Tuesday, April 16, 2013

Real, Real Beauty. No, really.

I've watched this video a couple of times now, and seen it posted by about 13 million of my closest Facebook friends.  And it's sweet.  Or it's sad.  I'm not sure.  But the basic point is simply this: "You're not as ugly as you think you are".

The video is part of Dove's Real Beauty campaign, and shows us (through the work of crack forensic sketch artist) that we describe ourselves as distorted horrifying monsters, and others see us as... you know.  Humanish.

It's interesting, it's thought provoking, and it probably holds some truth.  Yeah, I'm sure it holds some truth, and that's why it resonates.  We know we are hard on ourselves.  And we hope, we pray, other people are less harsh.  We really want to believe deep down that we are hotter than we think we are.

Some people certainly are, we've all met them.  But we've also met people who could never ever actually live up to their high opinions of themselves.  It simply HAS to be true that some of us are not as sexy as we think we are.  Bummer, yo.

If we're going to be honest with ourselves, most of us probably vacillate somewhere between the two.  I know personally (sad confession, NOT A JOKE) my opinion of myself has risen pretty dang dramatically with the weight loss over the past few years.  In 2009, I was probably a 4 or 5 who thought I was a 2.  And now, I'm a solid 6 who sees a smokin' hot 8 or 9 in the mirror.  (Well, not RIGHT now because RIGHT now I'm bloated and chubby and sleepy and developing that terrifyingly zitty, hairy face that they mockingly call the "glow of motherhood".  Hot dang, I'm a 12 year old boy.  That is what I am.  I am a 12 year old boy with a pizza face and an almost-mustache.  Oye.  Here's hoping my voice doesn't start to crack.)

Towards the end of the video, one of the real-beauty ladies spoke about how your opinion of your own appearance affects your life.  She says it "couldn't be more critical to your happiness".

And my brain let out a scream.

Come on people.  Come on women.  Come on America.  Come on come on come on.  My opinion on my own hotness or notness is the most critical thing to my own happiness?!?  Listen to the words, which are really the crux of this whole campaign, and listen to the problems they bring.

Because according to those women's words, if I thought I was a 2, and now I realize I'm a 5, wouldn't I be happier still with a boob job? Face lift?  Lip... bigger-maker? Wouldn't I be happier if I could make myself an 8? A straight up 10??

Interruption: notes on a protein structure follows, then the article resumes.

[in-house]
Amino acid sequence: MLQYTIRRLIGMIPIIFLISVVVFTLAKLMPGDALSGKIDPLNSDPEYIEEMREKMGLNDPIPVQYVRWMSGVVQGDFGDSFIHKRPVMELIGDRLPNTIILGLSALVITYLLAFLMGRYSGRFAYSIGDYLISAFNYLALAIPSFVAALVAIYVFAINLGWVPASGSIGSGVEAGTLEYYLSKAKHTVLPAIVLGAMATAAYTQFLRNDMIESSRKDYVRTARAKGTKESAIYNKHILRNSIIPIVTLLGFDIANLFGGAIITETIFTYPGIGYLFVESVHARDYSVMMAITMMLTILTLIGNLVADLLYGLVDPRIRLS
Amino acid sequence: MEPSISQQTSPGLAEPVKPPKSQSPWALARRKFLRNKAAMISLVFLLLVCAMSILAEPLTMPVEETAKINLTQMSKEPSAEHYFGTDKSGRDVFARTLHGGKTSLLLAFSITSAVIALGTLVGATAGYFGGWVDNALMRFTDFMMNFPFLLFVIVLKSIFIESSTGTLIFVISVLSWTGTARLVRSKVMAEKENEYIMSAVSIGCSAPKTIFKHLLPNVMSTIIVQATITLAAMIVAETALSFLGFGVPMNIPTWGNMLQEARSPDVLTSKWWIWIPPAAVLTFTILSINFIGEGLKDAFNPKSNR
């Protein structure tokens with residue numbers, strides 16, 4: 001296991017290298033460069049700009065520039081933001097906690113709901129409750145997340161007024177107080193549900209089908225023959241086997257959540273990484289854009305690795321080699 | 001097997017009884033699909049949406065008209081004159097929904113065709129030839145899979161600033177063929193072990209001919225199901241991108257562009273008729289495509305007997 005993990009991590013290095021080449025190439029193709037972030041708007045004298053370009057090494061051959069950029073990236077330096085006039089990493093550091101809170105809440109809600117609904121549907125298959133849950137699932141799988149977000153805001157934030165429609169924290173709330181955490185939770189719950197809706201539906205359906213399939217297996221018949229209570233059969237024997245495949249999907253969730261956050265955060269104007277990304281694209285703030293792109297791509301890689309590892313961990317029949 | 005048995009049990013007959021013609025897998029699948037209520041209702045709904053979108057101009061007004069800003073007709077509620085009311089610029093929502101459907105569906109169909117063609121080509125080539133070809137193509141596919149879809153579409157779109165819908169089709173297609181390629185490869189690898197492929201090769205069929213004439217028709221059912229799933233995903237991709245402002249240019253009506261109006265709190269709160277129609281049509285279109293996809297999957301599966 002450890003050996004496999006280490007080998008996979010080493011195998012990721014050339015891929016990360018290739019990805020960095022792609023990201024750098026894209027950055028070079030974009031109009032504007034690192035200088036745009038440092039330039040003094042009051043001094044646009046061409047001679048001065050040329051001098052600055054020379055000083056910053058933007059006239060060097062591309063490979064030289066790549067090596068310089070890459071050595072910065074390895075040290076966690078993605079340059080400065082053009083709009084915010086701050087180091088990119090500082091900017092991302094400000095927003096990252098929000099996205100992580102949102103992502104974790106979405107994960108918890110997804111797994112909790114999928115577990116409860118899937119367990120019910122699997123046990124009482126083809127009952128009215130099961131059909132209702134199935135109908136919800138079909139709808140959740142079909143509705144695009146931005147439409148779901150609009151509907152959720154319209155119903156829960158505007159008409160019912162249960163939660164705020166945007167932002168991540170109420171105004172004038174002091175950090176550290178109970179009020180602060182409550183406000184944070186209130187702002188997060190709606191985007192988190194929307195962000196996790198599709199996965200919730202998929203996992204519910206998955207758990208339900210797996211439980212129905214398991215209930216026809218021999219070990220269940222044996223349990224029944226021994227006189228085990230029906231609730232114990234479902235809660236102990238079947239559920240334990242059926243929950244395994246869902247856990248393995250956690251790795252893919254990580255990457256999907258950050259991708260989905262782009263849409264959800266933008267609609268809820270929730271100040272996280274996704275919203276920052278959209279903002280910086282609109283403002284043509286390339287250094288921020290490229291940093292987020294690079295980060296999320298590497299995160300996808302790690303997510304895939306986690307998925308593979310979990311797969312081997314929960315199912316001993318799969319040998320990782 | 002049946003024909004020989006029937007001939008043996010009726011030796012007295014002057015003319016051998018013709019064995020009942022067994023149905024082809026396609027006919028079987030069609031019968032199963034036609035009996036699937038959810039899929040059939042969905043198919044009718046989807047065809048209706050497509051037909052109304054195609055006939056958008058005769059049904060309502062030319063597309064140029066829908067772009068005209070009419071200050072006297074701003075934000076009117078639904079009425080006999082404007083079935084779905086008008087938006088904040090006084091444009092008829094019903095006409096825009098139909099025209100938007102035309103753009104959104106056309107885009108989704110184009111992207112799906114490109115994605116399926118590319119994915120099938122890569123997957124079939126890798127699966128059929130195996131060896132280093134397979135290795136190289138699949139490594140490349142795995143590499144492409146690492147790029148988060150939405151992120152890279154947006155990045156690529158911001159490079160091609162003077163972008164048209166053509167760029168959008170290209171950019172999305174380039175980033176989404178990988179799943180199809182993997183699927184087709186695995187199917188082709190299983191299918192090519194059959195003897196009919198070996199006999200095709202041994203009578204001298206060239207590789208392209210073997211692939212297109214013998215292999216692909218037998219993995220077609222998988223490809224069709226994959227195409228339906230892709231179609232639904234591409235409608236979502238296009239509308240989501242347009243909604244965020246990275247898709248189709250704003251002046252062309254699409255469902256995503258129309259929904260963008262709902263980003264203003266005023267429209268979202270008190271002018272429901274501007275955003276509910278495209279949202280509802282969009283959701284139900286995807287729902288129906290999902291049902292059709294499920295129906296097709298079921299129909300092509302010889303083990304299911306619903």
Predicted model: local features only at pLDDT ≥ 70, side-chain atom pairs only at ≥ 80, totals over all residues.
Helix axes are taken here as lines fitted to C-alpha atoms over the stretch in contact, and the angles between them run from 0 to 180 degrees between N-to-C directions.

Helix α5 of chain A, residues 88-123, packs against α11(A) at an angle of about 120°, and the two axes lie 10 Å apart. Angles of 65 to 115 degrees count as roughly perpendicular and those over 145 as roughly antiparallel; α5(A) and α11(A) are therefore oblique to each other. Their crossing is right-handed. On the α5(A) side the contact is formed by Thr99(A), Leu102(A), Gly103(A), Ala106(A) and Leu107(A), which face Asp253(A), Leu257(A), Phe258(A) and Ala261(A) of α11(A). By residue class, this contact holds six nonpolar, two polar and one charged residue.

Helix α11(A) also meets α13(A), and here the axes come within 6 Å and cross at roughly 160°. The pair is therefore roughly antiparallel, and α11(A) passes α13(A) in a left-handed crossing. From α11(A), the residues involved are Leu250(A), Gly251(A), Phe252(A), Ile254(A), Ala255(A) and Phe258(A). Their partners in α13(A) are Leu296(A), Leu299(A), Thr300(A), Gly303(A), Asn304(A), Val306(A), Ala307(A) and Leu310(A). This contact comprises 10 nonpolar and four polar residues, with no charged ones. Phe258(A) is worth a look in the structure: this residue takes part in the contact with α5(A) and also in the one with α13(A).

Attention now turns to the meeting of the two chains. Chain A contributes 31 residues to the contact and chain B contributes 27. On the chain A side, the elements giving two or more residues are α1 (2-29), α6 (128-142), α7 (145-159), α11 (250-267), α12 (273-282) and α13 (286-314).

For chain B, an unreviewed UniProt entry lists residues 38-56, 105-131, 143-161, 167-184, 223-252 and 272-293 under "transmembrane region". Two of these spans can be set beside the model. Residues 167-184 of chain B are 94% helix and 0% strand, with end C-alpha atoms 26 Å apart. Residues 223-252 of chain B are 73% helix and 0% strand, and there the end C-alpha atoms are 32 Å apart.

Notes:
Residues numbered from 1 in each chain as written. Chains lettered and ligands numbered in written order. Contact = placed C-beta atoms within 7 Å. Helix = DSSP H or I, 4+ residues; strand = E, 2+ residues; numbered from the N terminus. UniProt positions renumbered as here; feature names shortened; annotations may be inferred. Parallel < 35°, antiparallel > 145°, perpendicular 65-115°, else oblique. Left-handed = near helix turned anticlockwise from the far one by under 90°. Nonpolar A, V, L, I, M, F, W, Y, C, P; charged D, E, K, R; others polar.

The problem with this campaign is that they are trying to fix all of our lady-sadness by having us look into the mirror, past the rolls and the zits and the wrinkles and the just plain weirdnesses we all have, and to call ourselves beautiful.  Which feels sweet and wonderful, and maybe is a lie.  Because honestly, maybe we're not all that and a bag of chips.  Some of us are pretty, some terrifyingly gorgeous, some terrifyingly un-gorgeous, and most of us are so-so.  Some of us are creepy intelligent.  Some of us are dumb as bricks.  Some people are the most interesting man in the world.  Some people are extremely dull.  Those people are called accountants*.  Some people are so nice that pretty little birdies help get them dressed in the morning.  Some people eat those other people.

The point is, I am not perfect.  You aren't either.  None of us is all of the good things and none of the bad things.  If my happiness is based solely on my perception of own personal quality, then I'm pretty sure I'm not going to be getting out of bed any time soon.

The real problem with thinking too highly of myself and thinking too little of myself is the same:  I'm thinking too much about myself.

Who CARES if my ears are too big and my feet are too long and my head is too giant-basketball shaped?!  This story isn't about me.  And big ears give you character.

So here's my advice for the day, that I give to you and to me: Get over yourself.  When you start to worry that maybe you aren't perfect, realize you're right.  And focus your attention a little bit more on the ONE who is.  I heard somewhere once that He's a more reliable source of happiness than good hair days.

*Side note, I apologize directly to my mother-in-law, who is an accountant AND a wonderfully interesting woman.  Except, of course, when she gets to talking about accounting.

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